For years, we have known that Aidan has a sensitive immune system.  After Maya died, he lost all the pigmentation in his nose and a tissue biopsy revealed he had discoid lupus.  As he overcame the loss of Maya and welcomed Luna and Boltz to the social group, his symptoms subsided and he attempted to pair-bond with Luna.  Due to Luna’s circumstances, that was challenging at times, but still provided a socially functioning pack.  After the introduction of the 2016 pups and Luna’s behavioral aggression, Aidan had another pack change.  Luna was retired and Aidan bonded with the pups and led the pack on his own. He did a great job, but without the support of the dominant female, stress was noticeable.  By 2017, mast cell tumors formed on Aidan that required 3 surgeries for removal including one in February 2019.  Based on our vet’s experience with dogs, reformation of these growths can be random.  For some they keep coming back until they become a systemic issue, for other cases, 3 surgeries for removal and they don’t reappear.  We didn’t know how Aidan’s growths would progress, but we had a great spring, until Luna’s issue occurred.  On July 6th, Luna and Aidan’s worlds changed.  Luna’s was identified with a possible abscess, so we moved her into her own enclosure while we treated with antibiotics. After limited success with the antibiotics, we scheduled her for surgery on the 17th of July and discovered the more serious diagnosis of cancer.  The decision to separate coincided with a return of Aidan’s mast cell growth.  Just because there was a correlation doesn’t mean causation, but based on his history with auto immune issues after pack changing events, we are working on treating him medically as well as psychologically. After Luna’s incision heals, we plan to reunite the retired pack and give them the social interactions that can keep them distracted as they try to heal their respective issues.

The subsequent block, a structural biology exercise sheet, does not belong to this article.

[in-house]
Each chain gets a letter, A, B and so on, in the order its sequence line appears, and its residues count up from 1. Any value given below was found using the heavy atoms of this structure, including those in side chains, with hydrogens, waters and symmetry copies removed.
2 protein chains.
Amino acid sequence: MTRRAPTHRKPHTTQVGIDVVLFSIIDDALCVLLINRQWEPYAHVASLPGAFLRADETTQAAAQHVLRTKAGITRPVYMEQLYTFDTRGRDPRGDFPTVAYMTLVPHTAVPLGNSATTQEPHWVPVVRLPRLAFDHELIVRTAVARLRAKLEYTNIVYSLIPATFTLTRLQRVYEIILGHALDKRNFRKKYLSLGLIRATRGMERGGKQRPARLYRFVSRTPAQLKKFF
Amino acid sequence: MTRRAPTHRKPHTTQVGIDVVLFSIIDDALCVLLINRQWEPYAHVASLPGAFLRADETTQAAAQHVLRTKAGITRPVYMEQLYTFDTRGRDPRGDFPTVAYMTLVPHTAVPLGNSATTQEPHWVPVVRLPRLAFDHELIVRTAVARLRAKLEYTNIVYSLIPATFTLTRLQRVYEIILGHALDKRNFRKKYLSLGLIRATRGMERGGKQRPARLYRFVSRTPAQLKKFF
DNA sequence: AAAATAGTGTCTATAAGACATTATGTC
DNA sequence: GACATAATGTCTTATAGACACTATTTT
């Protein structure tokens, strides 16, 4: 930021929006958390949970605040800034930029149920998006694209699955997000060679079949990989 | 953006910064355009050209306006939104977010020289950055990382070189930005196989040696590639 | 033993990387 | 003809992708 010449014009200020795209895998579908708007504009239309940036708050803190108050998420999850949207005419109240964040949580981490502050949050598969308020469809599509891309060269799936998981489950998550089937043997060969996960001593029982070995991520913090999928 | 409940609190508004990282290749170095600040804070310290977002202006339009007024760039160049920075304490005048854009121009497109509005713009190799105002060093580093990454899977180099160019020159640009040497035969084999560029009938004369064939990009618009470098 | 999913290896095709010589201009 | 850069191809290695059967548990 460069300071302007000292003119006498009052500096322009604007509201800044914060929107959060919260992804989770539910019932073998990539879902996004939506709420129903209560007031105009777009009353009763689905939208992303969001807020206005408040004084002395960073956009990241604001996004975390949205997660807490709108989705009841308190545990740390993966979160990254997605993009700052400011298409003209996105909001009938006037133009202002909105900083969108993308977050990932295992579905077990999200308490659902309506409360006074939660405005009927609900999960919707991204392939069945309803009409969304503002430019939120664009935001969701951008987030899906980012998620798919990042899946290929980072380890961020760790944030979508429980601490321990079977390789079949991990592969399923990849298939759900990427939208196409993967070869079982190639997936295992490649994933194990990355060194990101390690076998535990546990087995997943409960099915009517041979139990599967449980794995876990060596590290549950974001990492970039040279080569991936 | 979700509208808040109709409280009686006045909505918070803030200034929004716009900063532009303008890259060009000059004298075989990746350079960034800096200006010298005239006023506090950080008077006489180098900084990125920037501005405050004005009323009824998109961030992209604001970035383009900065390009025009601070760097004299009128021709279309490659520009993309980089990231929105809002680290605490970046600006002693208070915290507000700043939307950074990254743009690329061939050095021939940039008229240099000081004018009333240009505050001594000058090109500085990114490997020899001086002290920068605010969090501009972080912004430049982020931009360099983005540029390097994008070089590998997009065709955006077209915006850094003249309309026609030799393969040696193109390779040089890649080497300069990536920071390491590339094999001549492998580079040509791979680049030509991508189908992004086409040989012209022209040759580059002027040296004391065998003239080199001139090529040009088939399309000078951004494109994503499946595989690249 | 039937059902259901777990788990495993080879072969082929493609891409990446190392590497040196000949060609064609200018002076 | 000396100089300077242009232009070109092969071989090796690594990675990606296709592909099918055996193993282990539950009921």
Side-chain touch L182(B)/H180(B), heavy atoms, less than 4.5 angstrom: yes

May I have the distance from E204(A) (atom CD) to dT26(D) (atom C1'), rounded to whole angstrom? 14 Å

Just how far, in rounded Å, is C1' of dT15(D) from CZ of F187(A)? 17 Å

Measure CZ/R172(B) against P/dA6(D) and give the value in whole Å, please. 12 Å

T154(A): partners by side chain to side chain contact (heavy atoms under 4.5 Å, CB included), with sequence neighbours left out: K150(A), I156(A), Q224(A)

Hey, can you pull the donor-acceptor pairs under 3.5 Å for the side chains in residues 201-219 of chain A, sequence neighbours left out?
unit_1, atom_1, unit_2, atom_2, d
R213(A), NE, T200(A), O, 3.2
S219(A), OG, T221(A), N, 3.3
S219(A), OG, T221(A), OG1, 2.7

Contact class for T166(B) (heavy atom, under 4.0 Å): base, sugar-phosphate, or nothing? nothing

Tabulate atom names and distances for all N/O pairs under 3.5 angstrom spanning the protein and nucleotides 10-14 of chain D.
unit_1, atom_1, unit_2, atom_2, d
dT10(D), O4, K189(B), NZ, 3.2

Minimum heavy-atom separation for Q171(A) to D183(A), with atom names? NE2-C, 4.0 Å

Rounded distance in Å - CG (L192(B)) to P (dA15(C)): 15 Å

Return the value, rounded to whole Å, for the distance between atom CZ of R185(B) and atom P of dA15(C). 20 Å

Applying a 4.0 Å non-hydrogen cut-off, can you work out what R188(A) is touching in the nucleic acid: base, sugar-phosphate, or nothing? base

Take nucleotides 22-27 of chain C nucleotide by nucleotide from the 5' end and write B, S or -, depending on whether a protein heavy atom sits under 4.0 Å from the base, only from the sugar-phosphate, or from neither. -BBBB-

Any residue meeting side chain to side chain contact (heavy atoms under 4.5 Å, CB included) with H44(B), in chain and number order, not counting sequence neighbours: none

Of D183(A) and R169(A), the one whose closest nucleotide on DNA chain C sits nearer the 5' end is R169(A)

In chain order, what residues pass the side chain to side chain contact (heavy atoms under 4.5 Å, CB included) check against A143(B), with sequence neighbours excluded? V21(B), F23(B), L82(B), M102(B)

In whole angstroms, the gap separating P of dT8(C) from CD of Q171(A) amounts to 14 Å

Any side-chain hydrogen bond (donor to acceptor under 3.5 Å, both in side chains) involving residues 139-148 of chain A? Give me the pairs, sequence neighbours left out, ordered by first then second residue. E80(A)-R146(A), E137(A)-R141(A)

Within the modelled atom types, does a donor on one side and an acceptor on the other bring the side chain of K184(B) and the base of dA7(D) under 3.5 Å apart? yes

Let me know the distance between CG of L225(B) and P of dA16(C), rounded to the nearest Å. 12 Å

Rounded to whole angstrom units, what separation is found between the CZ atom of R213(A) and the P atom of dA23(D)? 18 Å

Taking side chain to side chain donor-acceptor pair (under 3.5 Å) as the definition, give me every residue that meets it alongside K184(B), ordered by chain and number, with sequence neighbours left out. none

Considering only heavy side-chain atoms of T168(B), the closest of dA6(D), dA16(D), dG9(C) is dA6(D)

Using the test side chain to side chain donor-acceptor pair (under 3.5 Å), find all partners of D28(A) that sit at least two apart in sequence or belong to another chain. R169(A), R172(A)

Growths Being Managed With Medication For Aidan

July 15th, 2019

Aidan is being closely monitored for any changes or re-growth of mass cell tumors.  He is on medication to help minimize these growths, but so far, he hasn’t shown any sign of irritation such as licking.  Wolf Care Intern, Mandi Bendel created a body profile binder for staff to document the location and any subtle changes that occur with these masses.  Aidan is a willing participant with the staff brushing sessions and shows this tolerance with a nice summer pelage. 

Aidan showing a relaxed, but focused posture

Aidan – Another Surgery

March 13th, 2019